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"Police Sergeant Hofmann"


WRITING his Hermann Göring biography (Macmillan, 1987), David Irving referred to Göring's role on the night of the November 1923 Hitler Putsch. Among the unpublished source materials that he used was the transcript of the Hitler Treason trial that resulted, held in Munich in 1924. Drafting the biography in August 1985, Mr Irving relied on the American-made microfilm copy of the Bavarian trial transcript, Hitler Prozeß, 4. März 1924, (National Archives, Microcopy T84, Rolls 1, 2, 3), nearly three thousand pages of typescript, selecting and laboriously copy-typing (in German) the passages which were of use for the Göring biography.

Professor Richard Evans, chief defence expert in the Lipstadt trial, expressed irritation in his expert report and testimony that Mr. Irving gave no page numbers to enable him to cross-check and verify references. There were probably two reasons for this omission:

  • The first is that experience shows that if one provides literally chapter and verse of such citations, then other lazier historians (like Evans himself) come along and cite the quotation, pretending that they have found and looked at the original materials themselves.
  • The second reason is, quite simply, that in 1985 only the unpaginated microfilm copy was available.

In 1998, two years before the Lipstadt trial began, a printed and fully indexed edition of the trial transcript was published by German academics, and in 2000 Professor Richard Evans -- or his hired helps -- were able to make use of this handy work, which was of course not available to Mr Irving in 1985, who had to read the microfilm for six days on a viewer.

A MINOR witness whom the defence lawyers produced was a Bavarian Policeman (Oberwachtmeister) called Hofmann, who gave an eyewitness account of events that November 1923 night. Under oath, Hofmann, a few months later, described having seen Hitler reprimand a Nazi officer for petty anti-Jewish outrages during the night (vandalising a kosher delicatessen).

Evans in his report adopted the far-fetched argument that the reason for Hitler's reprimand was that the officer's unit had removed their Party insignia; and he further alleged that Mr Irving knew, and suppressed, the fact that Hofmann was a Nazi and hence intrinsically unreliable as a witness. (Evans based his conclusion on Hofmann's political loyalties entirely on a stray remark by the 1924 trial judge, who complimented the witness on having spoken up for Hitler: ''Es ist ein schönes Zeichen von Ihnen, wenn Sie zu Gunsten Ihres Führers aussagen.") Evans also attached no importance to Hofmann's further remark (see again the transcript extracts): Hitler hat diese Gewalttätigkeiten und diese einzelnen Ausschreitungen, die vorgekommen sind, ständig verurteilt. ("Hitler consistently condemned these acts of violence and individual excesses that occurred.")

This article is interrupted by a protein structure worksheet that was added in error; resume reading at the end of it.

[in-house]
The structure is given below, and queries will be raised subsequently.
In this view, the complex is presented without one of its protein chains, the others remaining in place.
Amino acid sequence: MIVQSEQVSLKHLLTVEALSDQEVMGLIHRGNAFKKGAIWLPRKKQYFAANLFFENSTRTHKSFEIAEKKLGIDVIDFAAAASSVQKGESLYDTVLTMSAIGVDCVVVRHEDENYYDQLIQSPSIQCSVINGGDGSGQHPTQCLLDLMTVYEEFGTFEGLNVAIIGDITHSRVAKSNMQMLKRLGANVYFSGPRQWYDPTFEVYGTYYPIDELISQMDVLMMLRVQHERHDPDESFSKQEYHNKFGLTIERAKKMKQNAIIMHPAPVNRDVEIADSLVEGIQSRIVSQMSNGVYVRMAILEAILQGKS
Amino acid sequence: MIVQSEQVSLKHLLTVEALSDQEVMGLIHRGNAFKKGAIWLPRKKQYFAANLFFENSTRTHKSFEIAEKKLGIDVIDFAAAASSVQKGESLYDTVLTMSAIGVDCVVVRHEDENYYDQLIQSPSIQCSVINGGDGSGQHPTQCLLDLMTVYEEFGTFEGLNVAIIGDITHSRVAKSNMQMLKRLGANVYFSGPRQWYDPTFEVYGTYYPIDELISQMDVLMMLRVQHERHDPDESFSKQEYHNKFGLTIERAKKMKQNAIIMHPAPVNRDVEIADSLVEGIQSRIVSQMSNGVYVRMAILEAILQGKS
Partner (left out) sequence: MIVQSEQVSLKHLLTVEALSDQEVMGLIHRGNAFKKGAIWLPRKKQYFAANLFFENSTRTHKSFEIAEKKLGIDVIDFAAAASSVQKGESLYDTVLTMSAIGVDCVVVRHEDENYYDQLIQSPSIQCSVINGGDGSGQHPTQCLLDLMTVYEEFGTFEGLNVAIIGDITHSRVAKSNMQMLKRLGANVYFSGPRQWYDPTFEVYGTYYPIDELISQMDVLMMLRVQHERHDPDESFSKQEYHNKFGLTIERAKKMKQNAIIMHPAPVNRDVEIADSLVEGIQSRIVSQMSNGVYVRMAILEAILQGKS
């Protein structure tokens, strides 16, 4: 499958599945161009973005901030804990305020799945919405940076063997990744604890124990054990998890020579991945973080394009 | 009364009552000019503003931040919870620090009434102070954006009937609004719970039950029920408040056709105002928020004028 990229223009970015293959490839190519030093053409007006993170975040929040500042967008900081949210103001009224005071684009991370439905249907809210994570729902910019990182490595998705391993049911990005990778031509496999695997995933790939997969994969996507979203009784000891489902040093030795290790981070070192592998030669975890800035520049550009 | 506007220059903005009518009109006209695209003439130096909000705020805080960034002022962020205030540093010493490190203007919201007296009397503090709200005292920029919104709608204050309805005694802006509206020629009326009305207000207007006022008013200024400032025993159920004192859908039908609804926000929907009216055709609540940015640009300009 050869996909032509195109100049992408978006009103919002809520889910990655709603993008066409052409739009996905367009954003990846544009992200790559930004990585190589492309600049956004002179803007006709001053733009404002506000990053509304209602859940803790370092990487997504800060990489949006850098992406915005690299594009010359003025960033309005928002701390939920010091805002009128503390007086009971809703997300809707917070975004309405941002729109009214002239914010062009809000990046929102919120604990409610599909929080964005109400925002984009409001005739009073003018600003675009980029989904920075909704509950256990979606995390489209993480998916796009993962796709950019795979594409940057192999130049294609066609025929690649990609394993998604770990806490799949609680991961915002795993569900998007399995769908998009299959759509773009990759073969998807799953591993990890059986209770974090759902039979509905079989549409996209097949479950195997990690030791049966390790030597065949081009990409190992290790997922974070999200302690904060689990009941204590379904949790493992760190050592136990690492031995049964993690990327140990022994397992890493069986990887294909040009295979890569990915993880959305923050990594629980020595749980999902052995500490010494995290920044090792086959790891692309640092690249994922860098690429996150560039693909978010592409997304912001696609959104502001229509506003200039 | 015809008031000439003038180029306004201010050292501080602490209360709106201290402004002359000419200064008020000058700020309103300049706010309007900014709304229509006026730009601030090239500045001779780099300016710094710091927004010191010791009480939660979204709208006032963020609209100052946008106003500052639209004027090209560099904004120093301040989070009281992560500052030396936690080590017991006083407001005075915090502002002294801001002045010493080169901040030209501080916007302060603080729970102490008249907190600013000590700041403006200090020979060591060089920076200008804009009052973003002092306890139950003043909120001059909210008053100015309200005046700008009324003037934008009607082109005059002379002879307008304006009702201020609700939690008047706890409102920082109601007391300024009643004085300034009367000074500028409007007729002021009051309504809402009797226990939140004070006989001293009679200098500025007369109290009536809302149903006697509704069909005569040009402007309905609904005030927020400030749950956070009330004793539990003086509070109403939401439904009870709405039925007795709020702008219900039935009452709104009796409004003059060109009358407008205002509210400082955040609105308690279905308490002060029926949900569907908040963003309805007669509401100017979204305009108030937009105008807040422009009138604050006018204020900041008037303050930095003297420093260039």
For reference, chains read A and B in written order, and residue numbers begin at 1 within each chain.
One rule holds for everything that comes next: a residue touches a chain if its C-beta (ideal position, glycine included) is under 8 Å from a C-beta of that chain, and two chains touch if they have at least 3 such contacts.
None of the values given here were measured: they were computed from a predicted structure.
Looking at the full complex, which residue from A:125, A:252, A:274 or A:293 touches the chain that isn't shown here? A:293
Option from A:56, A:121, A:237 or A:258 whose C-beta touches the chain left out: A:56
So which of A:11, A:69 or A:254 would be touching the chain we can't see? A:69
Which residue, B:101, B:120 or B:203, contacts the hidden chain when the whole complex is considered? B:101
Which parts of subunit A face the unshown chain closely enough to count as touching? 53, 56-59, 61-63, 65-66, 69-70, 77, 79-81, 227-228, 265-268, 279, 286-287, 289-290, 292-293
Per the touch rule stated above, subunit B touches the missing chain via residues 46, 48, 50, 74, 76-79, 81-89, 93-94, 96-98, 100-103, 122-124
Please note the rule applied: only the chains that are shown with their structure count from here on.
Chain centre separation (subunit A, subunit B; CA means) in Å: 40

This episode became one of Evans's grounds for alleging that Mr Irving was biased and selective in his choice of evidence. The contrary facts, e.g., that Hofmann was a minor police official testifying in court under oath, with nothing obvious to gain by speaking up for Hitler, did not count in the view of either Evans or Mr Justice Gray.

At the time of the Lipstadt trial, Mr Irving had no access to his 1985 "Göring" working files. He had donated all his materials to the Irving Collection at the Institut für Zeitgeschichte, in Munich, a collection he has been unable to access since the city's Social Democrat authorities banned him from Germany in 1993. (Ironically, Evans and his hired helps were however at liberty to browse in them.)

The ancient Xerox 850 word processor on which Mr Irving typed up his original working notes in 1985 went out of business soon after. Preparing for the Lipstadt trial, in November 1999 he sent the original Xerox computer discs to Downloading Ltd in London to have them professionally converted, at great expense, to modern computer format. It was not until early 2001 that these experts were able to salvage and retrieve the discs' contents. These showed that Mr Irving had found no evidence in the transcript that Hofmann was a Nazi, so he could not have "ignored" such evidence either.

In 2001 the Court of Appeal refused however to allow the introduction of this evidence or even to give permission to appeal.

From Mr Irving's letter to his counsel, sending him the material for the appeal, it is evident that in 1985 he transcribed 17,436 + 17,169 words in German from the trial transcript. In the final Göring biography the events of that night came to just two pages, of which the "police sergeant" episode is less than three lines.

The lack of proportion in the weight that Evans attached to the Police Sergeant Hofmann matter, even if he was correct, is characteristic of his approach.

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